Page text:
After getting out of the Art Center College of Design in LA in 1967, I joined up with Craig Butler, Art Snyder and Patti Mitsui to form a design studio called "The Institute For Better Vision". We specialized in rock music and film projects and did a number of projects together including Sweetheart of the Rodeo and Dr. Byrds & Mr. Hyde for The Byrds, Pickin' Up The Pieces for Poco and, finally, all of the promo graphics - including the record cover, billboards, movie poster and whatever - for Frank Zappa. At this point in time, Bizarre Records was becoming Discreet Records and Cal Schenkel was Frank's in-house artist. Frank and Cal were putting the wraps on 200 Motels and were looking for an artist to help them, so we heard about it and met up at Murakami Wolf Swenson Films in Hollywood - just off Sunset Boulevard - and showed Cal my work.

They decided to try me and asked me to do a comp of a section of the cover that would feature Frank in a "pulp-style look", looming over the populace and "bingo", 200 Motels (editor's note - this comp would later be reworked to be used as the cover of the Zappa EP for Rhino titled Rare Meat, see image, below). Cal was a very calm character, a great artist for Frank, and I was honored to work with him, FZ and Murakami Wolf Swenson Films. Cal and I bumped into each other all of the time while he was doing animations and I was doing backgrounds. Zappa always amazed me - he was very disciplined, stern and could be abrupt - but his talent dropped my jaw. One time, he and Gail invited me to dinner and he took me to his basement studio and showed me his quadraphonic sound system and all his guitars, drums and pianos. Gail kind of scared the crap out of me and I had to bail to go feed my dogs. 200 Motels turned out that that was my last work with "The Institute", because right after the movie project was done, we dissolved the company then and there during an argument that included throwing furniture and each of us calling the others all kinds of cool names.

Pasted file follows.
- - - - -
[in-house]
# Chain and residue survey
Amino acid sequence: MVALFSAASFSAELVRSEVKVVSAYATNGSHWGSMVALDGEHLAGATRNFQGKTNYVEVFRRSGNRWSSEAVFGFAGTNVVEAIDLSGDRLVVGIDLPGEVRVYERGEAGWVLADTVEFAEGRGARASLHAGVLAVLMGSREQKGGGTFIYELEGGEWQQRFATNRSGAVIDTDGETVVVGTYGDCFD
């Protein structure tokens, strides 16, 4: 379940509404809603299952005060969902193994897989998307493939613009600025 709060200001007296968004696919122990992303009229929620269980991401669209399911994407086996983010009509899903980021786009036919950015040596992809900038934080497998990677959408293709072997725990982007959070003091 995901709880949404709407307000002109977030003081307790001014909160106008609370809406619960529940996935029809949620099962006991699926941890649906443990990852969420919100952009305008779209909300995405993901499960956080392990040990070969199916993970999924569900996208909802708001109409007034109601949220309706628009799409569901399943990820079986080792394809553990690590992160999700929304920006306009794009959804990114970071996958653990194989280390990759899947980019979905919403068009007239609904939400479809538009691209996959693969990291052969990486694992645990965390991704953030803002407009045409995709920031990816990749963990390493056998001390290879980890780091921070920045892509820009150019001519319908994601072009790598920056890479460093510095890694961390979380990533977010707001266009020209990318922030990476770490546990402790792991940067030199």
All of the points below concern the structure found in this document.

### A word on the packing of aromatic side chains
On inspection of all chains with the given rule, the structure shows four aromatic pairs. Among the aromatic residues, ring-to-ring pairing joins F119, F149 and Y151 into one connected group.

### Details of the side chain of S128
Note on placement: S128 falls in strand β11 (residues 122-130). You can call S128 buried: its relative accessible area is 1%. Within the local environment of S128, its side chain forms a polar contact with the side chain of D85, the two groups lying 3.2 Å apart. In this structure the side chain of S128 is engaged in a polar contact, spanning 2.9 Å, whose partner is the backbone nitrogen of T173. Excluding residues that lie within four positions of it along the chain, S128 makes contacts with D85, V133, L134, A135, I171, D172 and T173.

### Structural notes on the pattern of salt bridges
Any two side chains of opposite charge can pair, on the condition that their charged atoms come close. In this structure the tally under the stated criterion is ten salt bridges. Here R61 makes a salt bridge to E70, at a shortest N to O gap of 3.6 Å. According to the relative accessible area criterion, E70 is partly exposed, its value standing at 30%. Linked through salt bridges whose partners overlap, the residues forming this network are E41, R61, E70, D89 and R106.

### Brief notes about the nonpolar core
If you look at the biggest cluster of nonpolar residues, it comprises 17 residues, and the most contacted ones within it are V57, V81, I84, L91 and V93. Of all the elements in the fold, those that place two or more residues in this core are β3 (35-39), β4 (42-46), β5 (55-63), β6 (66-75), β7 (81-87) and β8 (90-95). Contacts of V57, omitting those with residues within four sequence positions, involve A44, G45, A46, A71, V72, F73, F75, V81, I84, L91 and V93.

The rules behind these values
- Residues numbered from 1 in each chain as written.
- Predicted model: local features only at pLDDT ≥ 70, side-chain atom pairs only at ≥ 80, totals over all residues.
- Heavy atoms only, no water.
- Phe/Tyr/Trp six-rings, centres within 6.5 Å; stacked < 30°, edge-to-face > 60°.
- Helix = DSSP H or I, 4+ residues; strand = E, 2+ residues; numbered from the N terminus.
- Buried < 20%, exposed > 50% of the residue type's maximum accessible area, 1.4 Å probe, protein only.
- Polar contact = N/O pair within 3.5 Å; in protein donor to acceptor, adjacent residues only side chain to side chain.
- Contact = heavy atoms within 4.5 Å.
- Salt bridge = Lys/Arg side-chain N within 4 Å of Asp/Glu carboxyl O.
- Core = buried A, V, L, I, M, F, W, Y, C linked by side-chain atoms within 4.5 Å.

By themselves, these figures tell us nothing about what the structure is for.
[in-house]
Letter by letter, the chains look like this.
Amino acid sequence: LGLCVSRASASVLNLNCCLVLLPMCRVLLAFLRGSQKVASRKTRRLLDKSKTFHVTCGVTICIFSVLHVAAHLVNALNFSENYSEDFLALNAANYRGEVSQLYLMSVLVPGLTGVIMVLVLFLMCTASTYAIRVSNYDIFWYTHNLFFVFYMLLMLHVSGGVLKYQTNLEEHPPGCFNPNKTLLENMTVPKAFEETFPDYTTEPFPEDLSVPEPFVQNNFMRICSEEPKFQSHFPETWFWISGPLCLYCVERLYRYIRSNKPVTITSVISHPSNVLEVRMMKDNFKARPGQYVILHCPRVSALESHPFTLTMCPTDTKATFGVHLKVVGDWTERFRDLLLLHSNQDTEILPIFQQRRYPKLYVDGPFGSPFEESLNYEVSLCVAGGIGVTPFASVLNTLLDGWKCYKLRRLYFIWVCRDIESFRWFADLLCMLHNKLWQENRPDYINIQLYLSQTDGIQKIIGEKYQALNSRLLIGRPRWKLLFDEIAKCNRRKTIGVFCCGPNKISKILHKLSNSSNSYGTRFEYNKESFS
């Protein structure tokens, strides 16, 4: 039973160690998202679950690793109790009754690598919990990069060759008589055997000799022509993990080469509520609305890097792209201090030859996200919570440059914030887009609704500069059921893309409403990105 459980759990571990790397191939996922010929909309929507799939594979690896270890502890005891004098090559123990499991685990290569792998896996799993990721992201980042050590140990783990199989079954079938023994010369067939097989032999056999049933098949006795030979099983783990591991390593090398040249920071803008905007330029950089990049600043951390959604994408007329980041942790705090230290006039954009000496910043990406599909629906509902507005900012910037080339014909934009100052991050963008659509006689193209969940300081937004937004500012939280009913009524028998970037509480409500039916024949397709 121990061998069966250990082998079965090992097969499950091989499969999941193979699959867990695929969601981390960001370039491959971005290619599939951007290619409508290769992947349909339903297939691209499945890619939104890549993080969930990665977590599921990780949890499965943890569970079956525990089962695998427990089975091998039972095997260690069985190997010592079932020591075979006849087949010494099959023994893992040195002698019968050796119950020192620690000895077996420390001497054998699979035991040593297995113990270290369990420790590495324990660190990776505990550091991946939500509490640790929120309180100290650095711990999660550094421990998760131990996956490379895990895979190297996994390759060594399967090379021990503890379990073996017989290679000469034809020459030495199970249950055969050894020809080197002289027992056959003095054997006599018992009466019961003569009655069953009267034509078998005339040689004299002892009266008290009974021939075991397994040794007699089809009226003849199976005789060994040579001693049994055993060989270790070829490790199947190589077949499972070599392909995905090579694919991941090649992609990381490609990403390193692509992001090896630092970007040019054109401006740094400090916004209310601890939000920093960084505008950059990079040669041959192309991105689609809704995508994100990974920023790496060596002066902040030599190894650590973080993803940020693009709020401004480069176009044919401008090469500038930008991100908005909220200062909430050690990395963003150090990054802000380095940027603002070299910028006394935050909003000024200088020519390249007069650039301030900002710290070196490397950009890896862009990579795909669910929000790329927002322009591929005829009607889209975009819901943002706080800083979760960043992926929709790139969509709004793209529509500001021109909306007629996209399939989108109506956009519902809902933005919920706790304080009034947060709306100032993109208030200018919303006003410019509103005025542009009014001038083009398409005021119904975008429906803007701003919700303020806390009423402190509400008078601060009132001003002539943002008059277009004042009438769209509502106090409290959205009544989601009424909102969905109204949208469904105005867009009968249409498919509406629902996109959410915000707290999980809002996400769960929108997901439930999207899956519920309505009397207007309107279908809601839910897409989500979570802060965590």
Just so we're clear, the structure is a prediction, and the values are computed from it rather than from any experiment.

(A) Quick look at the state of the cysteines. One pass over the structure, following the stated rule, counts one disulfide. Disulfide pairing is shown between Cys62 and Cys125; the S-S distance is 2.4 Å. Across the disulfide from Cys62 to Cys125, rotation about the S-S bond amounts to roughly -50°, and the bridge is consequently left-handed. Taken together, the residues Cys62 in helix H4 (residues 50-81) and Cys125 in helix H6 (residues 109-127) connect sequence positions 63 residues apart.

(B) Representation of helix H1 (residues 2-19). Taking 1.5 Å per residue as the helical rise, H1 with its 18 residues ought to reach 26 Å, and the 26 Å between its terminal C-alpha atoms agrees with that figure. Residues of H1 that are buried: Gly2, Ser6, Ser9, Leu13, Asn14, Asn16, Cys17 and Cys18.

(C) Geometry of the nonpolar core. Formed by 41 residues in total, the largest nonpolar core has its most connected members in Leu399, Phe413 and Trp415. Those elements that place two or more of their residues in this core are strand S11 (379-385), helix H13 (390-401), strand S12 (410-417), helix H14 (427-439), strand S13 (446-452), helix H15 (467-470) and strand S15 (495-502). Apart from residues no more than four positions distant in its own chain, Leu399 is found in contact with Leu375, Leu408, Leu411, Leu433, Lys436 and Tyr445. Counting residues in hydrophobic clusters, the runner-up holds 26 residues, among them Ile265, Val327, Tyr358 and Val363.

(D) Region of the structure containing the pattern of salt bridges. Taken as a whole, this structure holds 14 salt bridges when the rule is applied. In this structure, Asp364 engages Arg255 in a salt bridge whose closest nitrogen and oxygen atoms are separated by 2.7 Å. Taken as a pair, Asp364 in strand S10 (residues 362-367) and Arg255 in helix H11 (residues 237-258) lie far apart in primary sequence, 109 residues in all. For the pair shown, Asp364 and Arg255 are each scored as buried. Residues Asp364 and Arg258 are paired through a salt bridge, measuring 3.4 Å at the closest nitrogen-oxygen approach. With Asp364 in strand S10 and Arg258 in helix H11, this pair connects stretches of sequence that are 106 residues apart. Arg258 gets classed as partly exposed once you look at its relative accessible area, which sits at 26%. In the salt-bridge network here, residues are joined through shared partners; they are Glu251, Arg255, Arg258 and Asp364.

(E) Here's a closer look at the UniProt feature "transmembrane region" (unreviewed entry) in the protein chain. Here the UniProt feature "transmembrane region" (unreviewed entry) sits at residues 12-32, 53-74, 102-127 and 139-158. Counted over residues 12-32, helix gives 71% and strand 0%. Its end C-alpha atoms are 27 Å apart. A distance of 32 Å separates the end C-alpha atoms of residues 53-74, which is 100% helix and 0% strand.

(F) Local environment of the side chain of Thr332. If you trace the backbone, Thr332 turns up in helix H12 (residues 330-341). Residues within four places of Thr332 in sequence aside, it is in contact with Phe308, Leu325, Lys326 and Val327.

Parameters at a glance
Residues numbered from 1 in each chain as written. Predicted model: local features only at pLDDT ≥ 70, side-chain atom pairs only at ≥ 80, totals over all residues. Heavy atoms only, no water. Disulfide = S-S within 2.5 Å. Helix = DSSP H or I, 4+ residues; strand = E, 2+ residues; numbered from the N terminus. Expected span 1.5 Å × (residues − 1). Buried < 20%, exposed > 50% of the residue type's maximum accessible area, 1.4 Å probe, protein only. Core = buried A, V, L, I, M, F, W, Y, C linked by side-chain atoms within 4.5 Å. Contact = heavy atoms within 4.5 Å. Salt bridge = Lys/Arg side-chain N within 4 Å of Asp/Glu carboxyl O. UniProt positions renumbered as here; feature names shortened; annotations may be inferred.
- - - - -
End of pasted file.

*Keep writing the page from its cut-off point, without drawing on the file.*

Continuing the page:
Fast forward a couple of years and Frank calls and asks if I want to paint another cover for him. I nearly fell off my chair. He wanted to get started immediately and so that night I listened to a truly bizarre take of the scene that Zappa imagined. In fantastic detail, he proceeded to tell me the story of Over-Nite Sensation and that the cover painting was to be done in a formal, realistic "Dutch Master" style, with the objects in the painting to be portrayed as visual elements from the story.

The painting captures a moment in the life of a band roadie on tour, with "Over-Nite Sensation" being a reference to the horniness of bands on the road. The space we're looking at is in a true perspective, but they're in a mirror and the object on the viewer's side are in reverse. Our focal object is a grapefruit, the symbol of a sexual object, and the grapefruit's been penetrated, with "cum" oozing out of it. The fire extinguisher symbolizes the completion of the act of intercourse, and even the frame is a sexual fantasy, starting off in gold and going to rot. All of the other items - the Holiday Inn, the food, maps and oozing TV - represent the doldrums of being on the road.